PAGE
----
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Ankle Lump


Healthgrades Editorial Staff

What is an ankle lump?

An ankle lump is a protuberance or localized area of swelling in the ankle. Other general terms used to describe ankle lumps include ankle bump, nodule, contusion, tumor or cyst.

Ankle lumps can occur in one or both ankles at a time. Depending on the specific cause, you may have a single or multiple ankle lumps. They can also be soft or firm, painful or painless, and may grow rapidly or may not change in size. Ankle lumps can occur in any age group or population.

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Lumps in the ankle can be caused by any number of conditions, including infections, inflammation, tumors and trauma. Many ankle lumps are the result of traumatic causes. The ankles are vulnerable to trauma because of their proximity to the ground and their role in walking, running and jumping. Traumatic causes of ankle lumps and bumps range from hematomas (a localized collection of blood in the tissues) to ankle sprains and fractures.

Both benign and malignant tumors of the skin and soft tissues can sometimes produce lumps in the ankle. Other causes can include ganglion cysts, which are fluid-filled, sac-like structures that can form in the top of the foot or ankle.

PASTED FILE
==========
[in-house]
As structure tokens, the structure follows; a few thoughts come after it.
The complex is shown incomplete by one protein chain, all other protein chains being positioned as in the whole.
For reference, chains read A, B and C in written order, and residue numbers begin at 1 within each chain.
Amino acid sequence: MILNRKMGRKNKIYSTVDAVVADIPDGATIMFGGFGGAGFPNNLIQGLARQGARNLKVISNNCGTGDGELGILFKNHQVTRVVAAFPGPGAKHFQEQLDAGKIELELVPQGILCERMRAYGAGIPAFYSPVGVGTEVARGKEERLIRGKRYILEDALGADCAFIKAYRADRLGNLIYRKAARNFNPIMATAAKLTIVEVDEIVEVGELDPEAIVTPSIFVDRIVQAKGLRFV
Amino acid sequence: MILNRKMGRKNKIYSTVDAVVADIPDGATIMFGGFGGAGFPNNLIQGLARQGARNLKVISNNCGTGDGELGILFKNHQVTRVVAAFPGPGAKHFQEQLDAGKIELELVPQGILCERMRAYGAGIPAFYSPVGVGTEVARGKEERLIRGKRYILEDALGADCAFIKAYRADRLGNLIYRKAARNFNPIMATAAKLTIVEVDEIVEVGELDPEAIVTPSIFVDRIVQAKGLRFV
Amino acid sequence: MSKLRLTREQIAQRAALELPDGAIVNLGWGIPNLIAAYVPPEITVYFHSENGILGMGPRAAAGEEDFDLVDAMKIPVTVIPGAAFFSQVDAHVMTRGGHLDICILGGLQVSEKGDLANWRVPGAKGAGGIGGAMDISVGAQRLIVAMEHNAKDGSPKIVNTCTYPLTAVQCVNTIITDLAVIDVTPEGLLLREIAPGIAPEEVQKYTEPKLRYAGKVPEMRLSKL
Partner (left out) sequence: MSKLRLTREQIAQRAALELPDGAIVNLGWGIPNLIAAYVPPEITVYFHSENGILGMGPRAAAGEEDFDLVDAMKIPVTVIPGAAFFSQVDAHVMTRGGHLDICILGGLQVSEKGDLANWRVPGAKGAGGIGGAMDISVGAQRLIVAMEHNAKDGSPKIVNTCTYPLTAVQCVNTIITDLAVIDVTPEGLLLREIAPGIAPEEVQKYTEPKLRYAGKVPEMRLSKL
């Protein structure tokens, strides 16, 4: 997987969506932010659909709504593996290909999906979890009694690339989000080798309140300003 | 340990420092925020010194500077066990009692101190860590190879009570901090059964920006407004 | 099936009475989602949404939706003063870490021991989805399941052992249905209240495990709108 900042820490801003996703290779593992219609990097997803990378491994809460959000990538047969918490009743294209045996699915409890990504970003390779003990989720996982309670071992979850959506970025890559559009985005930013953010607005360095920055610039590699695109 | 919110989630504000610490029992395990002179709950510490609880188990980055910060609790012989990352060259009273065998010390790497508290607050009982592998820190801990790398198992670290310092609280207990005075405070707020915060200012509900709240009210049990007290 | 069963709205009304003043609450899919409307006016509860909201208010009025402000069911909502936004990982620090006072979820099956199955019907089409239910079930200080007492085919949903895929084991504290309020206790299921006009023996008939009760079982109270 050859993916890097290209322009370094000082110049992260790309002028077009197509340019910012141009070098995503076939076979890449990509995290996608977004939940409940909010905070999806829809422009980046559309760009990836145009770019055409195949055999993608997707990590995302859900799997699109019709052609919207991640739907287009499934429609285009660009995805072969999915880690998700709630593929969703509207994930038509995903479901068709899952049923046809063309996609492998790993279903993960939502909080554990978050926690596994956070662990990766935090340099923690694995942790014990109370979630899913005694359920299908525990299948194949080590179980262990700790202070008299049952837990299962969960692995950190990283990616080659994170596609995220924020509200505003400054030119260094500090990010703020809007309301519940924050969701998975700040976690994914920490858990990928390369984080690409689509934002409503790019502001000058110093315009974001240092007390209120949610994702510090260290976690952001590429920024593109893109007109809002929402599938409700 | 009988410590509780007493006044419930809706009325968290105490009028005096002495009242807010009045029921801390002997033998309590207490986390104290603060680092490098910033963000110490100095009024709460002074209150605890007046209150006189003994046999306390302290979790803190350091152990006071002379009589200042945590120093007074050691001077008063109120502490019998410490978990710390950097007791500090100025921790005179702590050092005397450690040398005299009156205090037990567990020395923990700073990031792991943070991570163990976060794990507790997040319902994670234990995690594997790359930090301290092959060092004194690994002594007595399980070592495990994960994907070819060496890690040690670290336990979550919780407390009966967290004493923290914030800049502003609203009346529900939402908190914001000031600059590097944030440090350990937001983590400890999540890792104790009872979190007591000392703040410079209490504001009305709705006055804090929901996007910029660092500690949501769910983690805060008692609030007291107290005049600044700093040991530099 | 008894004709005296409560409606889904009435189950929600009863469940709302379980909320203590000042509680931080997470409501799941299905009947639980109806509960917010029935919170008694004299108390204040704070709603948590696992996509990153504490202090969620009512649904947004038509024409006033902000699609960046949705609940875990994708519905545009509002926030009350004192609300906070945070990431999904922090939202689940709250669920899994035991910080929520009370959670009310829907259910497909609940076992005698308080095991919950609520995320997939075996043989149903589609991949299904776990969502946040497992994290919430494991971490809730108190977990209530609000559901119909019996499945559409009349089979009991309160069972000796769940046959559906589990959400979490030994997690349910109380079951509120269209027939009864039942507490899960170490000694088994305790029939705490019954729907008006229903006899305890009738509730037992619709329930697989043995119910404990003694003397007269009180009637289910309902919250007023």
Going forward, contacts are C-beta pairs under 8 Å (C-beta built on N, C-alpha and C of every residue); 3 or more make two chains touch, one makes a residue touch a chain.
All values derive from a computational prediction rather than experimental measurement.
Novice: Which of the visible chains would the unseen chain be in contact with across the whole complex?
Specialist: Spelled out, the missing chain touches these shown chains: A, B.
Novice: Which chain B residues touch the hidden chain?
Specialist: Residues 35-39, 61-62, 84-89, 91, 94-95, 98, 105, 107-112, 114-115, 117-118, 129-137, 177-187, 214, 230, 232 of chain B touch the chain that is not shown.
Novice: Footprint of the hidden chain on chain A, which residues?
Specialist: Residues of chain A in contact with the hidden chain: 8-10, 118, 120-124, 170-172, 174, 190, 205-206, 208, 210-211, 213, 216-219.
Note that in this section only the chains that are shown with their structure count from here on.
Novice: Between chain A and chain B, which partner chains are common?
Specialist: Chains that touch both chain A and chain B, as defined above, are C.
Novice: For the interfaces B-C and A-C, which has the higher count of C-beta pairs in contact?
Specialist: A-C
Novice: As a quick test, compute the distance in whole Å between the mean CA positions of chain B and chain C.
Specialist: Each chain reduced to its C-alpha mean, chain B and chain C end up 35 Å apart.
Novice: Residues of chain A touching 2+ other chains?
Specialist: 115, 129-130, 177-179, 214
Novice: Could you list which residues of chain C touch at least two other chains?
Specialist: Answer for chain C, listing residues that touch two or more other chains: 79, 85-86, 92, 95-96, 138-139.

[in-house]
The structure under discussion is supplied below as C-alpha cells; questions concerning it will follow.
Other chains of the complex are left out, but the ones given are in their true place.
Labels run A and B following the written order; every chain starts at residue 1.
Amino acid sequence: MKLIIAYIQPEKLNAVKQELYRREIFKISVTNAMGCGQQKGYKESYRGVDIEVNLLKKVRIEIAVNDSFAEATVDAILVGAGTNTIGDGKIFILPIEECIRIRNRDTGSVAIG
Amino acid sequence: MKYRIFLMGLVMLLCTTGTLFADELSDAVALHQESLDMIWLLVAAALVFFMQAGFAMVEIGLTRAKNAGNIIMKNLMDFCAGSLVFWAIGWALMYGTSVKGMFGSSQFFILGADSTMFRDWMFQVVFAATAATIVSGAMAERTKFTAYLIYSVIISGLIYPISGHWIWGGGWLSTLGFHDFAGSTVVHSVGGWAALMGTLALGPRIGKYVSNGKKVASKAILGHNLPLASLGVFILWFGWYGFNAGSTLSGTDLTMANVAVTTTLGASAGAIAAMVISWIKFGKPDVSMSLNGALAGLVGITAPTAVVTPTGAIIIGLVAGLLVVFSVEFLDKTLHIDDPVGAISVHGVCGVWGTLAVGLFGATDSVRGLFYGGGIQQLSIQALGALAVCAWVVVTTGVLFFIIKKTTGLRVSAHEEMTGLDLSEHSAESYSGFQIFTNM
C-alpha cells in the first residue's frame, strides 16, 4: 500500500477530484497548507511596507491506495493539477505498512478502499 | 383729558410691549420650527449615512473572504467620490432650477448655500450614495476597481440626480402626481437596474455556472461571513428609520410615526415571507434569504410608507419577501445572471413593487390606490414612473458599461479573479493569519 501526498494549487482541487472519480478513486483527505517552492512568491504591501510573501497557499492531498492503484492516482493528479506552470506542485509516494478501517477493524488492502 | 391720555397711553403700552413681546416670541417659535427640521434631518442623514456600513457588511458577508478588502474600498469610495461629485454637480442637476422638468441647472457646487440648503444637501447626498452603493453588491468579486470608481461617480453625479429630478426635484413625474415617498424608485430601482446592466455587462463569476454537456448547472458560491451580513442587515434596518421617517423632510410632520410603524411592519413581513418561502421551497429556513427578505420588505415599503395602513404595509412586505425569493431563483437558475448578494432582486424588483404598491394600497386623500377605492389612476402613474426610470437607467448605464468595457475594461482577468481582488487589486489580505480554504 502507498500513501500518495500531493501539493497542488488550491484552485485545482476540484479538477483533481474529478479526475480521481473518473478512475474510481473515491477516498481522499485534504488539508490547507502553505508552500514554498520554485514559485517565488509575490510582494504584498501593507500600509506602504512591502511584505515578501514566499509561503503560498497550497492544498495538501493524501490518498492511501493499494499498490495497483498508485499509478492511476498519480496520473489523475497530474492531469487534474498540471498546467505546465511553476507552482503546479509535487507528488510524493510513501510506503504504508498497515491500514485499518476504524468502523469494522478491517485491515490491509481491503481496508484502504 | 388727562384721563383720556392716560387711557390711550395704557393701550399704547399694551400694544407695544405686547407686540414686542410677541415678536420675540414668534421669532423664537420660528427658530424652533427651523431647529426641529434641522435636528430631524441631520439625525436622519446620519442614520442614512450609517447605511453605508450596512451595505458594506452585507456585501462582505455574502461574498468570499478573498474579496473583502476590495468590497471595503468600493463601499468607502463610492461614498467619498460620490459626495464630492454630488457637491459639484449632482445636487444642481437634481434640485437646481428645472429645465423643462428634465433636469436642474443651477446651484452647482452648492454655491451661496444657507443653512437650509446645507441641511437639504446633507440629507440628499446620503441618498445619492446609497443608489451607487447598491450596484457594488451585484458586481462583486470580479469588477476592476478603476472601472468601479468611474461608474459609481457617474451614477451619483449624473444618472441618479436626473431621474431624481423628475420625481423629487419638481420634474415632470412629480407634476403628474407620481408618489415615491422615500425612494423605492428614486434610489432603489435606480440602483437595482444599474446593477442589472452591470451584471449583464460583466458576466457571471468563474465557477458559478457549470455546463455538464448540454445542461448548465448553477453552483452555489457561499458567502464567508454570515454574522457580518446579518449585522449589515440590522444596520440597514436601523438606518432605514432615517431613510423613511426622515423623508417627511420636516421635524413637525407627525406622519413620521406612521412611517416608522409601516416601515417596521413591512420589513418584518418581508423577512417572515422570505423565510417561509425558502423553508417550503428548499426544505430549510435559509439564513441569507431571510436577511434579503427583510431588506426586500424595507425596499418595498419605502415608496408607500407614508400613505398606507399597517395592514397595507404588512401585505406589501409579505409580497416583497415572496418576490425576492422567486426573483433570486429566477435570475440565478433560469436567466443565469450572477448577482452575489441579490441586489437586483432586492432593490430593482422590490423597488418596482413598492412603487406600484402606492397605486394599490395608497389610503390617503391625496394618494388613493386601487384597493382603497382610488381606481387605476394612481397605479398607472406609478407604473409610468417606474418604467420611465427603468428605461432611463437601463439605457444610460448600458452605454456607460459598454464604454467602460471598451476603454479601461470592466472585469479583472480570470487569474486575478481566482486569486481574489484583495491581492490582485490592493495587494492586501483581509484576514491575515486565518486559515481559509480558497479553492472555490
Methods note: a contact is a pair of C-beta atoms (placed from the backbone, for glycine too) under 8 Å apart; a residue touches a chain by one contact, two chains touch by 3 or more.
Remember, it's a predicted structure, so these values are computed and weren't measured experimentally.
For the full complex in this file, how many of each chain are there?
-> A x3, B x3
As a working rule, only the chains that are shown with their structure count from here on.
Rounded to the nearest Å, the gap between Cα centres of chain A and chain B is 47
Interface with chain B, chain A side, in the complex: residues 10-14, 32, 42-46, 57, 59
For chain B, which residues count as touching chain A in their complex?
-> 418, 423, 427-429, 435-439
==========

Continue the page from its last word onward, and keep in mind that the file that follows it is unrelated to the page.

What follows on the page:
In some cases, ankle lumps can be caused by infection, inflammation, trauma, or other conditions that could become serious, especially left untreated. Seek prompt medical care if you have an unexplained ankle lump, or have been treated for an ankle lump and your condition is not improving.

Seek immediate medical care (call 911) if you, or someone you are with, have experienced moderate to severe ankle trauma and have symptoms, such as severe ankle deformity, complete inability to bear weight or walk, severe ankle pain or swelling, or loss of sensation in the foot.

Medical Reviewers: William C. Lloyd III, MD, FACS Last Review Date: Nov 3, 2016

© 2017 Healthgrades Operating Company, Inc. All rights reserved. May not be reproduced or reprinted without permission from Healthgrades Operating Company, Inc. Use of this information is governed by the Healthgrades User Agreement.

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Medical References

  1. Foot, leg, and ankle swelling. Medline Plus, a service of the National Library of Medicine National Institutes of Health.
  2. Ganglion Cyst. American College of Foot and Ankle Surgeons.
  3. Skin Rashes and Other Changes.
  4. Soft Tissue Tumors - Benign. Cedars-Sinai.

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